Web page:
Heraklion, Crete — Sometimes you can unlock the secrets of the universe in a chewing gum wrapper. This is the kind of thing that happens all the time in Greece.
Greece is the only country I know where you can walk up to a newsstand and buy commercial chewing gum made from mastic, the same stuff that was freshening the breath of Aristotle in 360 B.C.
Normal — after all, the great Zeus himself was born in some cave deep in the heart of this long island, ancient home not only to Greek gods and goddesses but to the Minoans, the most advanced early Mediterranean civilization.
We know little about the Minoans but their art gives clues to their cultural brilliance. They knew how to grab a bull by the horns.
The influence of Minoan civilization on the Mediterranean basin cannot be overstated. The Minoans helped make much of the Mediterranean into a marvelous melting pot — modern-day Gaza, for example was once known as Minoa…even in points west, in islands near Sicily, the Minoan culture left its mark.
Today’s modern Cretans are among the most hospitable people you’ll find in the Mediterranean world. It is not surprising when you consider how much of a cultural fulcrum their home was in the ancient world.
It is almost tragic that today when the Greek economy is in crisis that so much pressure should come from its bullying neighbor to the north, Germany, which once invaded it. No matter how much money Germany gave back to Greece, it can never be enough.
As for the Greek nation, it has been battered by heathens since time immemorial: yesterday’s Persians who are today’s Iranians antagonized ancient Athens just for the cruel pleasure of doing so. Turkey was not much better, and in many ways worse. (“Turkish rule in Crete 1669-1913. 264 years, 7 months and 7 days of Tribulation,” reads a plaque in Chania.)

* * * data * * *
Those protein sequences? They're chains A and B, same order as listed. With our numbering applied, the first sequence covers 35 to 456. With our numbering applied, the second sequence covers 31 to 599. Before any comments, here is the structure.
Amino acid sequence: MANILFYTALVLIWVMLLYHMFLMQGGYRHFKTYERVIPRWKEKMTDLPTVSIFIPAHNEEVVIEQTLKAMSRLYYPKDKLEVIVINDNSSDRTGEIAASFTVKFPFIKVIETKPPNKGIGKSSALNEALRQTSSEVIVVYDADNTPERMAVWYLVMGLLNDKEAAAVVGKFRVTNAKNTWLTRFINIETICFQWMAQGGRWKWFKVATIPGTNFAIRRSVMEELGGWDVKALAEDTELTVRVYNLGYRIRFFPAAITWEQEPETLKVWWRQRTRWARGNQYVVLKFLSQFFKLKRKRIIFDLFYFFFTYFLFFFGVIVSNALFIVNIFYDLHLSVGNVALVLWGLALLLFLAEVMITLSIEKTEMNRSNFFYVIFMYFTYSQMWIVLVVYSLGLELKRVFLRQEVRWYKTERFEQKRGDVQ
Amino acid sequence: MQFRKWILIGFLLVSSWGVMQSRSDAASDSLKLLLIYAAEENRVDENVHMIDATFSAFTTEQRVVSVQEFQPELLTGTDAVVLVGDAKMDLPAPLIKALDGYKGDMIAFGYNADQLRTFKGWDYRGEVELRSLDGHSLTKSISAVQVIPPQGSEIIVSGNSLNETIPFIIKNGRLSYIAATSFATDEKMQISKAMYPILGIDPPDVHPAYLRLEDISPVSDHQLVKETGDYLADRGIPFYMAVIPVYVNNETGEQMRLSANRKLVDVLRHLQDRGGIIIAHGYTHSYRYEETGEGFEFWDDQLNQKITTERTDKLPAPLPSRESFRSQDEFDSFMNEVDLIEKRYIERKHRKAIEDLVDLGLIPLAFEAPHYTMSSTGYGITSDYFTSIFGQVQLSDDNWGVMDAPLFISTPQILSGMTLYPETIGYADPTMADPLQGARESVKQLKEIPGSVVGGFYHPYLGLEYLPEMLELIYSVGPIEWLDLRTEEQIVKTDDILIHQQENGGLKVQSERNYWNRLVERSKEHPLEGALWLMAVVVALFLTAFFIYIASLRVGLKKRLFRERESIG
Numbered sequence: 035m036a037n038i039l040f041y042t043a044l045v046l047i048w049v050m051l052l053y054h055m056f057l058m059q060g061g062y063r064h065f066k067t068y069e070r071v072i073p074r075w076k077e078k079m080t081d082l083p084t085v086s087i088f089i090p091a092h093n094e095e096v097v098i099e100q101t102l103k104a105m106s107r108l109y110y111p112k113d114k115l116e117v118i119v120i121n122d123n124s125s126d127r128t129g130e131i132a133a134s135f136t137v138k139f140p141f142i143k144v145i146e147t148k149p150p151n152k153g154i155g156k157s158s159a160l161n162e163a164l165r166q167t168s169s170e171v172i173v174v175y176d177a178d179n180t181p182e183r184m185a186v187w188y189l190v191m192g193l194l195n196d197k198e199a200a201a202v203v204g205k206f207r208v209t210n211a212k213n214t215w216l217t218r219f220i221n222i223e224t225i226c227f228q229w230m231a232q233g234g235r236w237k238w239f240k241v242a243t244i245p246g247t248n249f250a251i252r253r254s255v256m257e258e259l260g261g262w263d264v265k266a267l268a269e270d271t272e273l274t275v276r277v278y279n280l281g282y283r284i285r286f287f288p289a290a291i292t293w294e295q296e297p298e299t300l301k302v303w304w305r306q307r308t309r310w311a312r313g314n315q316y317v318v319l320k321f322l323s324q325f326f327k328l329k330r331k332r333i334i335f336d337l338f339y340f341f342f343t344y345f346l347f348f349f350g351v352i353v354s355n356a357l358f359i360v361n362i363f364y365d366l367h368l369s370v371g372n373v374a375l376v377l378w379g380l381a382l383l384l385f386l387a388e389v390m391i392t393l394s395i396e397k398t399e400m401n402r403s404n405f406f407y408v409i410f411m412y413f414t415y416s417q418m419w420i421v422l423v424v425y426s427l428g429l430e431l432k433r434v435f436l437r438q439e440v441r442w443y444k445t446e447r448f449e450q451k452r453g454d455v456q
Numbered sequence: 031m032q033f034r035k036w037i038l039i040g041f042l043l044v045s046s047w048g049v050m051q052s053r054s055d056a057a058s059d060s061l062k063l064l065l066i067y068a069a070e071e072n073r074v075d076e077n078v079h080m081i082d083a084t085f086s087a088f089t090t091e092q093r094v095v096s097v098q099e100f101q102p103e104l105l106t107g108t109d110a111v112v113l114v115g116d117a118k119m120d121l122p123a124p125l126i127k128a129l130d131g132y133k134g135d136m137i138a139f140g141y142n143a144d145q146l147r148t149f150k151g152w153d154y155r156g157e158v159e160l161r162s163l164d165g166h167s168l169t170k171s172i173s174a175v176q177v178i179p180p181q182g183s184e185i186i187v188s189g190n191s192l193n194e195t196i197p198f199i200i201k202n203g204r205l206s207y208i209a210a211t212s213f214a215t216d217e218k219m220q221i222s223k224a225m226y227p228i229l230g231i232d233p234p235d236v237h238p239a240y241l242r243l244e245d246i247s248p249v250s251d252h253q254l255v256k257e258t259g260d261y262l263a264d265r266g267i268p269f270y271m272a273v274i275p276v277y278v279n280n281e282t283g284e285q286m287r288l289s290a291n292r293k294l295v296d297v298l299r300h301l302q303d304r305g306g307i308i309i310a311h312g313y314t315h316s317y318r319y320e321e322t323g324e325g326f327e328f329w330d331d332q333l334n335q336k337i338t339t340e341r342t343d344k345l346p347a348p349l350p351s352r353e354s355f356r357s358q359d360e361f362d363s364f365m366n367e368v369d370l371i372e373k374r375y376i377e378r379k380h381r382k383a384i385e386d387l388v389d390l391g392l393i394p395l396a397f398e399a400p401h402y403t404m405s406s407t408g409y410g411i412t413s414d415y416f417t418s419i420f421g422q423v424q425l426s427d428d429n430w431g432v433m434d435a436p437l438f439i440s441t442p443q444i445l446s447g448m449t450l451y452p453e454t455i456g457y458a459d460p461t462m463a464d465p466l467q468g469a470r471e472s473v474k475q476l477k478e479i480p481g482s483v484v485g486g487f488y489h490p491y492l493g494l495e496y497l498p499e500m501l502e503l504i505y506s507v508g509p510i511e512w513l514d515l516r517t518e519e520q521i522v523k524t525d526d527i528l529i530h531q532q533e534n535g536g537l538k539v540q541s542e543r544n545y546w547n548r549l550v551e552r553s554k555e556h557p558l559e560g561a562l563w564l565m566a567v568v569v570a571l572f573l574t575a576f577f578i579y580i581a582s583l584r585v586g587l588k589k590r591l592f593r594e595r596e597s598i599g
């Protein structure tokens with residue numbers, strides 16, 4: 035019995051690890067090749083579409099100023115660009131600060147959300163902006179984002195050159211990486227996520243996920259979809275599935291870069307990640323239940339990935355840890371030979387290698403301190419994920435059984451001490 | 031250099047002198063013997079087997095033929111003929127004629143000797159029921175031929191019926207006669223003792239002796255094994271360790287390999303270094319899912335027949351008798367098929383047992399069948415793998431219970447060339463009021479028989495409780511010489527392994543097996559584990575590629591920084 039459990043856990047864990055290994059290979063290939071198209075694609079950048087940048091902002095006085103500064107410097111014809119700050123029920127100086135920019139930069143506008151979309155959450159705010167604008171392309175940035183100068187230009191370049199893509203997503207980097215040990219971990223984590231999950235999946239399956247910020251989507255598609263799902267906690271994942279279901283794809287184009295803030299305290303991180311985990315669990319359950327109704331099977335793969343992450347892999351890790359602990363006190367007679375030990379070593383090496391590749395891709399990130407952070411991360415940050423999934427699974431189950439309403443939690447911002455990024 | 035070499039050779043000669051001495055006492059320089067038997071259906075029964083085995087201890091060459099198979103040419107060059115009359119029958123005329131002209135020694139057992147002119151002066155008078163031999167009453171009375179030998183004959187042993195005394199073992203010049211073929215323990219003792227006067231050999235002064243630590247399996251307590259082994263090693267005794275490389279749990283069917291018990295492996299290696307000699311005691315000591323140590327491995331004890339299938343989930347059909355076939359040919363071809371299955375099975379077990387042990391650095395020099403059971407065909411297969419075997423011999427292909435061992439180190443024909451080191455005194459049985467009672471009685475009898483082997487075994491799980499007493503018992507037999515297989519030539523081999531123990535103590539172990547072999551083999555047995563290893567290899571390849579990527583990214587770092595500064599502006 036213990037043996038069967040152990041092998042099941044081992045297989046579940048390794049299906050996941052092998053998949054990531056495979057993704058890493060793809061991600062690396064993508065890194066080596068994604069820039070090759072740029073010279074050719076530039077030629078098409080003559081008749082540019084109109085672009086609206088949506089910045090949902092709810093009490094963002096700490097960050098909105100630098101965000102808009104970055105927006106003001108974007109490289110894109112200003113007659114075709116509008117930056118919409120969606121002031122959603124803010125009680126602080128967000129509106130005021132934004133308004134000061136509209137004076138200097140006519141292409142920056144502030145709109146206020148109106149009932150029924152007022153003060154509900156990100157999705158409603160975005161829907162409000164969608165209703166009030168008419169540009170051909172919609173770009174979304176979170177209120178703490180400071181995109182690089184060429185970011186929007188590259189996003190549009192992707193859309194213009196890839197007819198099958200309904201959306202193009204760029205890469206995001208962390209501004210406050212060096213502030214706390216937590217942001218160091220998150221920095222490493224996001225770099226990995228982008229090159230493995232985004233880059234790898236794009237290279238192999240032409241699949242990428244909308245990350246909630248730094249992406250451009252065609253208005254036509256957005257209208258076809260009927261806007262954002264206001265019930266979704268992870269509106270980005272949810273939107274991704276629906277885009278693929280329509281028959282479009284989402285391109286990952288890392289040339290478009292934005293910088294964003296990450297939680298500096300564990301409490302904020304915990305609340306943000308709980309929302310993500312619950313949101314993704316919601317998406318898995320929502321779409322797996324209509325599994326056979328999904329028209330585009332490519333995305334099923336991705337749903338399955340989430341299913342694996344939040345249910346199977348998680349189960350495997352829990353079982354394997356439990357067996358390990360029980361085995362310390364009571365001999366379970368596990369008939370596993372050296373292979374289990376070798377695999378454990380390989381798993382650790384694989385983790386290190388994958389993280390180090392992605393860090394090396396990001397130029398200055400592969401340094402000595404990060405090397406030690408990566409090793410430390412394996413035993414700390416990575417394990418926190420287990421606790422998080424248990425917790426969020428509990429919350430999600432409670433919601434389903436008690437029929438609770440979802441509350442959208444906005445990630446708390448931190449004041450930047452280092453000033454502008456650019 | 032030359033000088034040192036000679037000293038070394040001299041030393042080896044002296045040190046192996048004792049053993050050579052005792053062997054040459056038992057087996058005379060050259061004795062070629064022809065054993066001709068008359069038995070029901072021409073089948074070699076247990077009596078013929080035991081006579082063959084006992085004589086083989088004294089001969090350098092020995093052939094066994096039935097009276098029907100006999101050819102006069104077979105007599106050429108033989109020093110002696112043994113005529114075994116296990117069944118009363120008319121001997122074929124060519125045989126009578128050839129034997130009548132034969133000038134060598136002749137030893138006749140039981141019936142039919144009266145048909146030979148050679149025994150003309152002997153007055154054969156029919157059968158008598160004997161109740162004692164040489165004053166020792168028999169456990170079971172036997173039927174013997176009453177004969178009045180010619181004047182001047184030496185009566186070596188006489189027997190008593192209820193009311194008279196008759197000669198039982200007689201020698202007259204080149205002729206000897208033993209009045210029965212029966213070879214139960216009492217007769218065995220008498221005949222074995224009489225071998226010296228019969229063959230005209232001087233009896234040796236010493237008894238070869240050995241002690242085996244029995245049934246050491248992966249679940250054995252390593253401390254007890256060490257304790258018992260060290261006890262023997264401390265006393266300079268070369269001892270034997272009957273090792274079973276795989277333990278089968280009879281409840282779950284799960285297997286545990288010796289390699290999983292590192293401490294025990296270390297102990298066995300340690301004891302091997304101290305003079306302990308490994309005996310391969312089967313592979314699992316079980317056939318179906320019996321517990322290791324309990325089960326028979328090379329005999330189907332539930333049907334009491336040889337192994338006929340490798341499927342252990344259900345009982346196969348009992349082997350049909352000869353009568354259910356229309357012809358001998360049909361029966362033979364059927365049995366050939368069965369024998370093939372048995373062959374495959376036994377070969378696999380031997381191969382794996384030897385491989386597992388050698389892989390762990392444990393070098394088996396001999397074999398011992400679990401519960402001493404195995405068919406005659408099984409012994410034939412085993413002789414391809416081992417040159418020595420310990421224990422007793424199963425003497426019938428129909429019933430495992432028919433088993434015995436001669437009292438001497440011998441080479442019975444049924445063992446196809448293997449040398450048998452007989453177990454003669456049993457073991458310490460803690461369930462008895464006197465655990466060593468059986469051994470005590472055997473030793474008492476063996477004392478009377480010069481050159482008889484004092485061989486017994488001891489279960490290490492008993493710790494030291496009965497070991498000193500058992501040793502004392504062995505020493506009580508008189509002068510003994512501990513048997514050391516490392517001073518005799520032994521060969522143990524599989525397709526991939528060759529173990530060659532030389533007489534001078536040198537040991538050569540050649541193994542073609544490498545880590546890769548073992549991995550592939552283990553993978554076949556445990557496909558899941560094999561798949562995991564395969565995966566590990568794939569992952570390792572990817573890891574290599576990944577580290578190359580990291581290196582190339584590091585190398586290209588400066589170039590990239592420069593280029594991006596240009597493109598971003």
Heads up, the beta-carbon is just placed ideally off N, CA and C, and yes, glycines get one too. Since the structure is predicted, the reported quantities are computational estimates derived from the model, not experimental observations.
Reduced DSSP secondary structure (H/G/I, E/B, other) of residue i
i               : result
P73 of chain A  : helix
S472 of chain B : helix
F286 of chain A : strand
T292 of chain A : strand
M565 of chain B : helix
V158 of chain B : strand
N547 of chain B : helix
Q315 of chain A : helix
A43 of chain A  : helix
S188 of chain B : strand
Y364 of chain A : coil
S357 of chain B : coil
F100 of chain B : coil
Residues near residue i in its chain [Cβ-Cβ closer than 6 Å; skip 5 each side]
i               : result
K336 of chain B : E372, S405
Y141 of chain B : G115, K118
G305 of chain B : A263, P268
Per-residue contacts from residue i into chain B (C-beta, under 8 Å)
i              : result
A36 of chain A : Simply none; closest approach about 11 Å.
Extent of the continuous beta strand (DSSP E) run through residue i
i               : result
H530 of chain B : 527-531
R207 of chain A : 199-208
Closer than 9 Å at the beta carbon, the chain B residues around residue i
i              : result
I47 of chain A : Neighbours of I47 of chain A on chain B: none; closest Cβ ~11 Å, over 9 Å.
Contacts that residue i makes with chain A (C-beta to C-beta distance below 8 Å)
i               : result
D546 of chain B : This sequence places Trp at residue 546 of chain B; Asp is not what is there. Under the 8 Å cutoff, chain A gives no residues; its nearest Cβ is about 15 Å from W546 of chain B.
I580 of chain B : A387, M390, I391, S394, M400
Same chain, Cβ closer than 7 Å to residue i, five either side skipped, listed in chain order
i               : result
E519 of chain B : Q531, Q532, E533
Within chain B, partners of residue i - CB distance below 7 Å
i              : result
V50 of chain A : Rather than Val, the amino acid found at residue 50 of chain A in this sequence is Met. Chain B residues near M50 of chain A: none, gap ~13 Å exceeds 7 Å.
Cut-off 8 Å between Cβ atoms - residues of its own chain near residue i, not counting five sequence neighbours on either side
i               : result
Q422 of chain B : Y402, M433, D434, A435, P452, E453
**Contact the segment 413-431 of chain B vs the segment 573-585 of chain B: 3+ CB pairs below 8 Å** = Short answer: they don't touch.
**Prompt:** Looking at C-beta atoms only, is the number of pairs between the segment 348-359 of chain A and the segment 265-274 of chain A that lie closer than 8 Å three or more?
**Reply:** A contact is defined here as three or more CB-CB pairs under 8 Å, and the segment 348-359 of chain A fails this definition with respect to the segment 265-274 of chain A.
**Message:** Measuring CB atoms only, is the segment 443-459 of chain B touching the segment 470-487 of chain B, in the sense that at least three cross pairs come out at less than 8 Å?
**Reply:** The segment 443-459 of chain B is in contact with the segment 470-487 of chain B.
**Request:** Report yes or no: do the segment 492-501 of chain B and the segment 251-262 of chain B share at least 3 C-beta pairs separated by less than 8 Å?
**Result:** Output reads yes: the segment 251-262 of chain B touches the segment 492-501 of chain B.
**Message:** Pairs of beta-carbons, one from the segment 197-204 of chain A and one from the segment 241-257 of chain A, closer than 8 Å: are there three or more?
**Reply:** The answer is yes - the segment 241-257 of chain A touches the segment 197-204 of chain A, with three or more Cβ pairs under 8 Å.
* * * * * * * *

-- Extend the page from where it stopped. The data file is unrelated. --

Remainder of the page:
You could argue (and I do) that a lot of what passes for civilization in and around the Mediterranean today has regressed since the Golden Age of Athens and the feisty but enlightened Hellenism of Alexander the Great.
You could argue that the Greeks owe some people some debt. But the Western world owes an eternal debt to the Greek nation, fiscally unfit but intellectually unsurpassed, and without which it would be nothing. Certainly, there would be no democracy, not so much as a drop. Without Greece, the world would be an unspeakably bleak place.
Our do-nothing President Obama should launch a campaign to erase all of Greece’s debt, and perhaps send the bill to brooding Germany. But that won’t happen, because for Obama action of any kind other than the self-promoting variety is tantamount to sin.
So in the meantime, Israelis and Americans should take matters into their own hands by vacationing in Greece. Here the landscapes beguile and the spirit of the gods never left. You can taste antiquity and chew what Pericles chewed, which is maybe even cooler than debt relief.